Not enough, I can tell you that much, since it should be each and every time, every person. Just skipping your seat belt once will increase your chance of serious injury or death in an auto accident by half for that quick trip to the grocery store or wherever you’re trying to go. Nobody looks cool or feels more comfortable after they’ve been ejected from their vehicle. But the bright side is most Washington drivers and passengers know better, and wear seat belts 97% of the time. That’s a big jump from the national average of 86%.
Here is the data, straight from the Centers of Disease Control and Prevention, on seat belt usage in the modern US driver. It highlights ways that law enforcement agencies and communities have made putting on a seat belt a habit.
Primary seat belt laws: A primary seat belt law means that an officer can pull a vehicle over if he or she sees that the passengers are not wearing a seat belt, even if the driver is doing nothing else wrong. So you could get a ticket just because you don’t have your seat belt on.
In Washington, it is a primary law that ALL people in the vehicle must wear their seat belts. It goes one step farther and requires that children must also be in the proper child safety seat for their age. Here’s the lingo straight from the law books:
(3) Every person sixteen years of age or older operating or riding in a motor vehicle shall wear the safety belt assembly in a properly adjusted and securely fastened manner.
(4) No person may operate a motor vehicle unless all child passengers under the age of sixteen years are either: (a) Wearing a safety belt assembly or (b) are securely fastened into an approved child restraint device.
Click it or ticket. Sound familiar? Then it’s working. Education campaigns in the guise of short-term, high visibility enforcement have been shown to increase seat belt usage. These are checkpoints set up by state patrol that randomly check people for seat belt usage. These efforts are highly publicized through media campaigns, written on the digital traffic management signs over highways, and are obvious to the drivers who gets stopped because they were spotted during one. Certainly if they’re ticketed they’ll tell their friends and family, for better or for worse. The net effect is that it convinces the public to use that thing with the strap and buckle that is in just about every single car on the roads today.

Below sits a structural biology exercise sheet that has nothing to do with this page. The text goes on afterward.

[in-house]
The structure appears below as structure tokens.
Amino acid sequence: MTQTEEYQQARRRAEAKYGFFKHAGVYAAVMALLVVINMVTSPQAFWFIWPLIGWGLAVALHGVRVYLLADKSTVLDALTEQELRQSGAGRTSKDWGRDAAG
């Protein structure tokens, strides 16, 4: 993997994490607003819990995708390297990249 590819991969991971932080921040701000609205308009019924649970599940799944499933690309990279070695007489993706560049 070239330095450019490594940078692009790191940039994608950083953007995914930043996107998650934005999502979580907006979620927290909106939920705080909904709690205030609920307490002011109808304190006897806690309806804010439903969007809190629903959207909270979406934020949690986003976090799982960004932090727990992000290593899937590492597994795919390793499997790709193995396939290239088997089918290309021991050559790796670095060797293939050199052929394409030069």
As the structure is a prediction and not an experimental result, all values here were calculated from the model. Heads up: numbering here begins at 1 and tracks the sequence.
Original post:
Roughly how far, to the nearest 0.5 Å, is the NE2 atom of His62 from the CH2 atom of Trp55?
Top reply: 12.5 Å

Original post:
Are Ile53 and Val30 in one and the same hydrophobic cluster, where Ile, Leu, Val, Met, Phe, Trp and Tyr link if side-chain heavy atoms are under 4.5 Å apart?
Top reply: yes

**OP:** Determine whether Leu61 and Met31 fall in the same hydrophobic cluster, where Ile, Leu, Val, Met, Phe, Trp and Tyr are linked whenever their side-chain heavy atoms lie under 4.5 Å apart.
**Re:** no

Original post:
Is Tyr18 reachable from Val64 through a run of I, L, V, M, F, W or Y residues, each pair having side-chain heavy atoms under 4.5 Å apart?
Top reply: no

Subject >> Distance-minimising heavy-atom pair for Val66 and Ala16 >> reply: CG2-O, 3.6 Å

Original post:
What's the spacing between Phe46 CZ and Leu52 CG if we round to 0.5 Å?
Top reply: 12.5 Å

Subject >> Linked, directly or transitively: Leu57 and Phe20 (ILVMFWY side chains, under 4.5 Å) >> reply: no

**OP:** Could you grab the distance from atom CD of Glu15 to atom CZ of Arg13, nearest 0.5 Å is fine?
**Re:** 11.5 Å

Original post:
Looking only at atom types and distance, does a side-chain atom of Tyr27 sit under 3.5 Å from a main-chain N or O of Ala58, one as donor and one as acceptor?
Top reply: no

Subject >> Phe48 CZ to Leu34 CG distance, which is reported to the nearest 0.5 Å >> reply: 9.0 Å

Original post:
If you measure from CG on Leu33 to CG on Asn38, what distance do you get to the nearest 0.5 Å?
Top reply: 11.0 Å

Another word to the wise on seat belt usage. Frontal air bags have been standard equipment in all passenger cars since model year 1998 and all SUVs, pickups and vans since model year 1999. Since it’s rare to see vehicles older than that still in one piece, it’s safe to say every time you get in a car nowadays you are sitting behind an airbag. There’s a reason why all those sun visors bark at drivers to wear their seat belts if there’s an air bag waiting to deploy. Chances are, the car will “know” if its passengers are wearing a seat belt or not, and won’t deploy the air bag if they aren’t. These are interconnected systems. So, an airbag wouldn’t help you if you got into a crash, which is very unfortunate considering they can reduce serious injury by over 50% in some types of common crashes.
Effective June 1, 2007, children less than eight years old must be restrained in child restraint systems, unless the child is four feet nine inches or taller. A child who is eight years old or older, or four feet nine inches or taller, must be properly restrained either with the motor vehicle’s safety belt or an appropriately fitting child restraint system. Children under thirteen years old must be transported in rear seats where it is practical to do so.
The fine for improperly restrained children in motor vehicles is at least $112 per child.
If you or someone you love is in a car accident, give me a call. Bill Coats Law can help you recover financially while you focus on recovering your health. Call 360-303-0601 today and set up a time for a free consultation at our downtown Bellingham office.